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Angiosarcoma of the pulmonary artery as an unexpected evolution of an apparent pulmonary thromboembolism
  1. Angela Bronte1,
  2. Sofia González-Ibán2,
  3. Elia Lecumberri de Fuentes2,
  4. Héctor Lajusticia3
  1. 1Nuclear Medicine, Hospital Universitario Son Espases, Palma, Spain
  2. 2Radiology, Complejo Hospitalario de Navarra, Pamplona, Spain
  3. 3Radiology, Hospital Universitario Son Espases, Palma, Spain
  1. Correspondence to Dr Héctor Lajusticia, Radiology, Hospital Universitario Son Espases, Palma, Spain; hectorlajusticiaandres{at}

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A 70-year-old woman, non-smoker, with previous SARS-CoV-2 infection 6 months ago and 1-month history of cough and expectoration, presented with acute left pleuritic pain and progressive dyspnoea. She was referred to the emergency department, where a chest X-ray showed a left pleural effusion. To exclude a pulmonary embolism (PE), a CT pulmonary angiogram (CTPA) was performed. It demonstrated a filling defect within the trunk of the pulmonary artery, both main pulmonary arteries and the left segmental pulmonary arteries by a poorly enhancing hypodense lesion. Also, a pleural-based triangular consolidation in the left upper lobe (LUL) and a left pleural effusion were seen (figure 1). The patient was diagnosed with acute and chronic PE with LUL pulmonary infarction and was treated with systemic anticoagulation. After clinical …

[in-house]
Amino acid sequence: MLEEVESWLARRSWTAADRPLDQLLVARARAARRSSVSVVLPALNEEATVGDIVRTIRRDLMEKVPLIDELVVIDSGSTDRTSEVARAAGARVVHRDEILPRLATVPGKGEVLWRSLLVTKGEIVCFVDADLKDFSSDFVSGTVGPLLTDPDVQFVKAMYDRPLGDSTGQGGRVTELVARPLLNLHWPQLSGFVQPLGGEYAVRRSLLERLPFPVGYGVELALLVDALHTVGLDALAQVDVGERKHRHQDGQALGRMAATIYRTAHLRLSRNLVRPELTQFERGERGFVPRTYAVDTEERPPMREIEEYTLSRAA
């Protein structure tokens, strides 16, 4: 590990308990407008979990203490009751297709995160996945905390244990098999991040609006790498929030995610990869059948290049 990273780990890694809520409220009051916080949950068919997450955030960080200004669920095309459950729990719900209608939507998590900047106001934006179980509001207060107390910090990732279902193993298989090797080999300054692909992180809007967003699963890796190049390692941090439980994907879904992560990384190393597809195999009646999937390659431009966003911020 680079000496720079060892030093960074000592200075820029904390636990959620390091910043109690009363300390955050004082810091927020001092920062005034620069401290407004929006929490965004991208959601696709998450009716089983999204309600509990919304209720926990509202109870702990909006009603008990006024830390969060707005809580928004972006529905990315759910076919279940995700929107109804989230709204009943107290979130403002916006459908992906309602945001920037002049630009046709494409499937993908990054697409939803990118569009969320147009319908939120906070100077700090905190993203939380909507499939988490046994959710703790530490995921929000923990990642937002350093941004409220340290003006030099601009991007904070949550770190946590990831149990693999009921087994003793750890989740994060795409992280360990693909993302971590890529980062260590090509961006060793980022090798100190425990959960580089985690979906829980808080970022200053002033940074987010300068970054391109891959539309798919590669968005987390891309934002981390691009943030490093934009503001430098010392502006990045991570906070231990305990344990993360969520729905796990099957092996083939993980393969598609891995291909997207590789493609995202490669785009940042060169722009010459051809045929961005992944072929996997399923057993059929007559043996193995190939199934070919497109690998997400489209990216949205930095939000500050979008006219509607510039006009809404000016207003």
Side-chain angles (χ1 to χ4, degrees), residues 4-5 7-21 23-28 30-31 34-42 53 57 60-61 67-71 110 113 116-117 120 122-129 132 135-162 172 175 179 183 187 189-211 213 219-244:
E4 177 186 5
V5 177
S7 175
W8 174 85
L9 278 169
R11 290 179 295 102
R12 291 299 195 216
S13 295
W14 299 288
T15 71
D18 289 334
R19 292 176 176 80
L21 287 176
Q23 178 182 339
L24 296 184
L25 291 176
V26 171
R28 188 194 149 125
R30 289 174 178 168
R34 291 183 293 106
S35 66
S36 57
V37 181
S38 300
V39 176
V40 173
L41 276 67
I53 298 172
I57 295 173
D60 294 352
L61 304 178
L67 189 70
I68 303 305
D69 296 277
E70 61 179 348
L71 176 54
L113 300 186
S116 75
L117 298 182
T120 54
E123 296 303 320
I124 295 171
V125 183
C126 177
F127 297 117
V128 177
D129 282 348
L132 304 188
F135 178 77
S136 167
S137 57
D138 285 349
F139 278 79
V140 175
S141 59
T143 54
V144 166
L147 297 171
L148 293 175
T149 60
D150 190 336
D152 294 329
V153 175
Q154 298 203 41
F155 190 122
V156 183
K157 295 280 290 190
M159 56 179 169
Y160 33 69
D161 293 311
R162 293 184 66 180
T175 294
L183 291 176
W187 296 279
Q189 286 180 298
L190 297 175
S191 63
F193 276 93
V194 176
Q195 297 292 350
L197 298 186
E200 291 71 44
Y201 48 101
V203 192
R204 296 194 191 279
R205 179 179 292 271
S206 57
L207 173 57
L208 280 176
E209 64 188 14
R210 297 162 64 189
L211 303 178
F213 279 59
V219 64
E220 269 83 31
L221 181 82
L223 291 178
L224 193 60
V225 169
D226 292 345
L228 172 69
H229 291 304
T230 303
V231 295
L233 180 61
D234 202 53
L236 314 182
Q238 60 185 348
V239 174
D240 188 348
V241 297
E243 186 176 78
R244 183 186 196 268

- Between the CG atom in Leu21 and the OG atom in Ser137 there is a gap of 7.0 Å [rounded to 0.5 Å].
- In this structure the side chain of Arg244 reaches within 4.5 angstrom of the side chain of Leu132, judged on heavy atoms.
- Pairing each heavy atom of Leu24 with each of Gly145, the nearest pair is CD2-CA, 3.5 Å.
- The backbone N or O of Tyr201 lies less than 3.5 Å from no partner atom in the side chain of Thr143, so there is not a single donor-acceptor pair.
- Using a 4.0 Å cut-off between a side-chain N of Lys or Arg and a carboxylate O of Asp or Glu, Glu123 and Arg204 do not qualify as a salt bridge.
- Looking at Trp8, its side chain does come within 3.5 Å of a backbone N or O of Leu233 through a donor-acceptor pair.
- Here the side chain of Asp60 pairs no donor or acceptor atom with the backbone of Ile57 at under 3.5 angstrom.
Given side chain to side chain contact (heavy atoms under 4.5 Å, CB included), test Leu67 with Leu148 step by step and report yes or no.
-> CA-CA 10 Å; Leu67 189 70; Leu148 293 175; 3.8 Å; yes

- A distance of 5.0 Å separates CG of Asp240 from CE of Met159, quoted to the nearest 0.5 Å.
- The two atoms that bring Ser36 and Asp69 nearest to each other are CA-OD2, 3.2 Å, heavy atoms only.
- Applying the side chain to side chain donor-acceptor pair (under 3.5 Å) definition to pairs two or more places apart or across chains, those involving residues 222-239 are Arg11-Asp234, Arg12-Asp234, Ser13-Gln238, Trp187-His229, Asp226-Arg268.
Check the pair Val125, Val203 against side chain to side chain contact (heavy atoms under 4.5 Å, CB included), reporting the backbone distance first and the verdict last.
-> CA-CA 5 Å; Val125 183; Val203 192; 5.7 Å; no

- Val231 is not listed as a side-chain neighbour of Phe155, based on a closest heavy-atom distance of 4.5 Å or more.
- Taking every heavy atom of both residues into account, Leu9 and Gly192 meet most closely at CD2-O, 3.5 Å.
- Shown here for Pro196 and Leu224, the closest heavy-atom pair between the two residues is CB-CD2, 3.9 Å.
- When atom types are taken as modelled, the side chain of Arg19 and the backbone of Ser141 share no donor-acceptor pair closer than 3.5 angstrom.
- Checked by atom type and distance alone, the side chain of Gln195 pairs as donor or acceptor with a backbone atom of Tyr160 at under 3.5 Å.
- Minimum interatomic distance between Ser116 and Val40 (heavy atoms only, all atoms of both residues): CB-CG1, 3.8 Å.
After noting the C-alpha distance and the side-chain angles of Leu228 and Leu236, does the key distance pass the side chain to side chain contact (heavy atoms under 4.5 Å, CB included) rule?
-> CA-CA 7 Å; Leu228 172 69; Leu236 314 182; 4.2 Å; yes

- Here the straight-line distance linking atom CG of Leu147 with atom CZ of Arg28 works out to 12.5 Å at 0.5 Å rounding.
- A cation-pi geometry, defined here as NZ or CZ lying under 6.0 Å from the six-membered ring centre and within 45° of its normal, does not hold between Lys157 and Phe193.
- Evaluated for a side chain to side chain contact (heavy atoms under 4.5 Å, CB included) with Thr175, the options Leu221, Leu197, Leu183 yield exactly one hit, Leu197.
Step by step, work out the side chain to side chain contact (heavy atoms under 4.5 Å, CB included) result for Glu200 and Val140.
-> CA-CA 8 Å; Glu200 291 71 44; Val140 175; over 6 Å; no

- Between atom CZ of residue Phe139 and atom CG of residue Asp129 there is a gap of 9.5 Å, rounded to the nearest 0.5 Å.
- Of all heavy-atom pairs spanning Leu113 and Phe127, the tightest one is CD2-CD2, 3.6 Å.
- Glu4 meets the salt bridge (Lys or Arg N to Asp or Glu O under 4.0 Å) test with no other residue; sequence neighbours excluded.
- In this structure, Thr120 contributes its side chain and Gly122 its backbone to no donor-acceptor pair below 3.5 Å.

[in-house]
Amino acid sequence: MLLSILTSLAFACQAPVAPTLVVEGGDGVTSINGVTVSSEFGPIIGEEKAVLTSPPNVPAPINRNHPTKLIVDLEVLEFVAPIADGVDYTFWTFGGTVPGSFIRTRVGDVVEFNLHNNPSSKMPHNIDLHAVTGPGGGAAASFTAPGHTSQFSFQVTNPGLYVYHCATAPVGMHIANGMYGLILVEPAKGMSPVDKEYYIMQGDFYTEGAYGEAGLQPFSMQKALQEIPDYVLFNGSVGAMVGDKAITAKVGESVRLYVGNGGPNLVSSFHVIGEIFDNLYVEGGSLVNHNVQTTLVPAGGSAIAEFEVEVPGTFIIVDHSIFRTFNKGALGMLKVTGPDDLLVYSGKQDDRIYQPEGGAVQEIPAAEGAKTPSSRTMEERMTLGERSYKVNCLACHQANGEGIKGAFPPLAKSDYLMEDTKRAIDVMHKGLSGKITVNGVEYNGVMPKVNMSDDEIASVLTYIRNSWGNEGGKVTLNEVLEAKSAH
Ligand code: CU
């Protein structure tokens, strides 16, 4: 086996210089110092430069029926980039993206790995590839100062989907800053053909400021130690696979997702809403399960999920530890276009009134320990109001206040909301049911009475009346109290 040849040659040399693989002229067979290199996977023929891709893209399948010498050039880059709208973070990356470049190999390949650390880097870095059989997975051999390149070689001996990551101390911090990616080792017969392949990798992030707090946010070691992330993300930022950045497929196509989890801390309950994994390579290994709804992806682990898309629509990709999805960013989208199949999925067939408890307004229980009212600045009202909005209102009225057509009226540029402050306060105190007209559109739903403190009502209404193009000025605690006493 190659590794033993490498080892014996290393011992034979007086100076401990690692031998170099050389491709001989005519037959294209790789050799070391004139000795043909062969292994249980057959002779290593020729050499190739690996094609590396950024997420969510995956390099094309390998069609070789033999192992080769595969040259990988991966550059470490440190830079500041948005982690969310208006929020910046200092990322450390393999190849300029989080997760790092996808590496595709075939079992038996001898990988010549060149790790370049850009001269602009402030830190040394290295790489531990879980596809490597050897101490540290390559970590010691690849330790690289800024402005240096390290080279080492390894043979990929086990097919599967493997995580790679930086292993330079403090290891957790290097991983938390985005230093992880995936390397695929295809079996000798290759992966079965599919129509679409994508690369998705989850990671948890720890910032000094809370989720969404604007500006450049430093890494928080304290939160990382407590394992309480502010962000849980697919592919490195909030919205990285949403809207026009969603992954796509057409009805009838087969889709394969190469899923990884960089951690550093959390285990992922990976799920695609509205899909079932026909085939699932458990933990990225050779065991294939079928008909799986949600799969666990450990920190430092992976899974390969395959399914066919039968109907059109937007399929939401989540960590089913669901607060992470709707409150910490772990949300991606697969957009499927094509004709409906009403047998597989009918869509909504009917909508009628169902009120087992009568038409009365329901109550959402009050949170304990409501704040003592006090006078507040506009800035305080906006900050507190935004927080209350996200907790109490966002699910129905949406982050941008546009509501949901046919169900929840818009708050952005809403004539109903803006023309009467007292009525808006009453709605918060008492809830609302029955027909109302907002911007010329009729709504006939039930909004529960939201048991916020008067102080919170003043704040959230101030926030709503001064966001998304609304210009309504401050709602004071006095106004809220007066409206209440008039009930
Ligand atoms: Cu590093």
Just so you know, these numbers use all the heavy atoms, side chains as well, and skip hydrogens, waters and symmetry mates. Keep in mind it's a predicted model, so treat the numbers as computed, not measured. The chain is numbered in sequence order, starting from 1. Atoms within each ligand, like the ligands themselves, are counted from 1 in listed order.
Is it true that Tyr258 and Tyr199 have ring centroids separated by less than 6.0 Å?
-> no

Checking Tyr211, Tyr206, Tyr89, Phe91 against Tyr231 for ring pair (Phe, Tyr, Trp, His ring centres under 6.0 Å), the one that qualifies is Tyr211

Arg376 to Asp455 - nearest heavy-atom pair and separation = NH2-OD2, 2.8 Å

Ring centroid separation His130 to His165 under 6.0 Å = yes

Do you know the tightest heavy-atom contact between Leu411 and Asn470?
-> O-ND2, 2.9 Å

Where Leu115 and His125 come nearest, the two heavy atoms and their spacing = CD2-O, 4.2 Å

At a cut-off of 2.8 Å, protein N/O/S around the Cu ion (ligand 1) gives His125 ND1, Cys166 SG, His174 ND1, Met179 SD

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  • AB and HL contributed equally.

  • Contributors All co-authors contributed to prepare the manuscript.

  • Funding The authors have not declared a specific grant for this research from any funding agency in the public, commercial or not-for-profit sectors.

  • Competing interests None declared.

  • Provenance and peer review Not commissioned; externally peer reviewed.